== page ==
I've spent the last six months or so fussing with my own (low end) AVR, reading user manuals, reading service manuals, and listening to people talk about their experiences.

I remain mystified why people are spending more than $500-600 for AVRs, particularly for 5.1 systems.

The only thing that drives my financial high water mark for AVRs as high as it is, is Audyssey Multieq XT32. If it wasn't for more refined automated room tuning, I don't know why people don't just stop with something that runs under $250.

I find nothing in the feature sets or the stuff inside the box, that justifies spending more.

Perhaps someone can explain it to me.

At the price point I've indicated, you seem to get some very nicely refined hardware and software. After that, what?
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post #6 of 32 Old 02-01-2013, 06:30 AM - Thread Starter
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go to a high end audio store and take a CD, have them play you a song on the same set of speakers with a lower line receiver, than have them play the same CD on the same set of speakers with a much better amp and i think you will hear a huge difference. maybe not but i definately can, i have never owned a high end receiver but i have friends with expensive receivers, integrated amps, AV/receivers and they definitely sound awesome.

i personally am going for a 2 channel integrated amplifier. surround sound receivers do not seem to make music sound the way a good 2 channel, a surround sound receiver processes things differently and they just never seem to sound as good for music. now movies on a 2 channel receiver will not always sound good because all you have is analog inputs and movies are made to play in digital, music sounds best in analog and at one time music was recorded in analog but digital recordings are less expansive and allot easier. so you get a DAC (digital to analog converter) and a good one of those can really make your music come to life. a crappy one will help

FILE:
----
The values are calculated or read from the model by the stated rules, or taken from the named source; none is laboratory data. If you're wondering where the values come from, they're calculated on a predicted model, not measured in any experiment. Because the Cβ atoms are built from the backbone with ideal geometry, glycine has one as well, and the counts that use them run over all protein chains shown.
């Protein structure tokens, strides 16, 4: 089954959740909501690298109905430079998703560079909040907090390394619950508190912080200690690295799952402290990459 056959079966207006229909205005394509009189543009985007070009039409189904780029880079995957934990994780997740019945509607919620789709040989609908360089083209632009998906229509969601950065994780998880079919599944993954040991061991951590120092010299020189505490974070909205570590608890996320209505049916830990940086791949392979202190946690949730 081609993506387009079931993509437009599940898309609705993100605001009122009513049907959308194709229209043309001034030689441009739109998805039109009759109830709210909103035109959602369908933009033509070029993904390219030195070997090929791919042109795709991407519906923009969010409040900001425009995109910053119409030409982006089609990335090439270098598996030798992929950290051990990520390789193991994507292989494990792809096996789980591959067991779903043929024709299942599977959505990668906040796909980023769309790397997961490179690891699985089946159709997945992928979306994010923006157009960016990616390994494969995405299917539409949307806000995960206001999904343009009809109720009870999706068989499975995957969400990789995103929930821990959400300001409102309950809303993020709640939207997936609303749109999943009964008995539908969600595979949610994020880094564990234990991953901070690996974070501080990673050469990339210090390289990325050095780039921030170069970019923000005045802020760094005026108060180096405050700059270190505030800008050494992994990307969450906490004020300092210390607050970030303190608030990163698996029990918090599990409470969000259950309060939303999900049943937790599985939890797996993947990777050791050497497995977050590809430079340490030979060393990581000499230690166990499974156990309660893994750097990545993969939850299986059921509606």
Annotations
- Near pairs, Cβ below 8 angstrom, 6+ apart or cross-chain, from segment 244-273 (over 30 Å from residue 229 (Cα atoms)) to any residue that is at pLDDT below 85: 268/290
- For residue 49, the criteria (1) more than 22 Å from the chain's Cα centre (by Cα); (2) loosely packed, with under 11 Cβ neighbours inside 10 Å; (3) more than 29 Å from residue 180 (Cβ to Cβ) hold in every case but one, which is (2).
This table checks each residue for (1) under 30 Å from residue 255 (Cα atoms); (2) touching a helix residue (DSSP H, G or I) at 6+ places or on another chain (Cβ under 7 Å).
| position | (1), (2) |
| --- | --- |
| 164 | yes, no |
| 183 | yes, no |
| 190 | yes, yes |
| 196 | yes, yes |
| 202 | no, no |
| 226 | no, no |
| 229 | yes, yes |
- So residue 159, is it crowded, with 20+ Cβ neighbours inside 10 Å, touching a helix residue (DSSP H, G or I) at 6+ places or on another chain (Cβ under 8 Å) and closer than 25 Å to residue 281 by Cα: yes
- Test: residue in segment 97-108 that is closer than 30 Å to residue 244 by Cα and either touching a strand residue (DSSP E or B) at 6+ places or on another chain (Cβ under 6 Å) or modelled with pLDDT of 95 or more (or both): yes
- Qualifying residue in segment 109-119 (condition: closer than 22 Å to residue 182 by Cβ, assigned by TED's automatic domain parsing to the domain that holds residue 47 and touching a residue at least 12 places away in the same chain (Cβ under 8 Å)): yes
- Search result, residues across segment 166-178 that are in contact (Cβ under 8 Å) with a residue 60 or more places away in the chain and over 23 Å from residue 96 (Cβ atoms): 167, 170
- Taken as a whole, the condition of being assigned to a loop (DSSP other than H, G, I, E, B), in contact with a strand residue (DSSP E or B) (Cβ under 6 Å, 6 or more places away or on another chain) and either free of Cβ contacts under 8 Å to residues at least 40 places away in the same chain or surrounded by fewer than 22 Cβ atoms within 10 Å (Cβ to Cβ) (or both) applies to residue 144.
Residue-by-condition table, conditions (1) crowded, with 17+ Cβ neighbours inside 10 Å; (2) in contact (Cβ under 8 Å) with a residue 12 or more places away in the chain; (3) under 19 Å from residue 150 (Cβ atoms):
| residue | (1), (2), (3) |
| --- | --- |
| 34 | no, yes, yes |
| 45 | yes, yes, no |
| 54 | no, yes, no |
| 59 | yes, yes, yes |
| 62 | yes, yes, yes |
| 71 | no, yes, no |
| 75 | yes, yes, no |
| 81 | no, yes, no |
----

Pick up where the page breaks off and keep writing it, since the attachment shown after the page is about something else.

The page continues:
first off you have wattage. you can have a low line amp that puts out 150 watts per channel or you can have a high end amp that puts out 50 watts a channel, 50 watts from a high end amp sounds allot better than 150 watts on a low end amp.. the quality of the wattage is a huge factor in sound.

when buying a receiver you have things built in like a tuner and some other bells and whistles and your paying for all that stuff so a 200.00 receiver is not going to have the quality that a 200.00 integrated amplifier would have.

when your like me and never happy with the sound your getting out of your low line stereo receivers even with a pretty awesome set of speakers than its time to upgrade to a better amp.

things like this is why people spend so much money on stuff.
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post #7 of 32 Old 02-01-2013, 08:08 AM
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Originally Posted by dannylightning View Post

go to a high end audio store and take a CD, have them play you a song on the same set of speakers with a lower line receiver, than have them play the same CD on the same set of speakers with a much better amp and i think you will hear a huge difference. maybe not but i definately can, i have never owned a high end receiver but i have friends with expensive receivers, integrated amps, AV/receivers and they definitely sound awesome.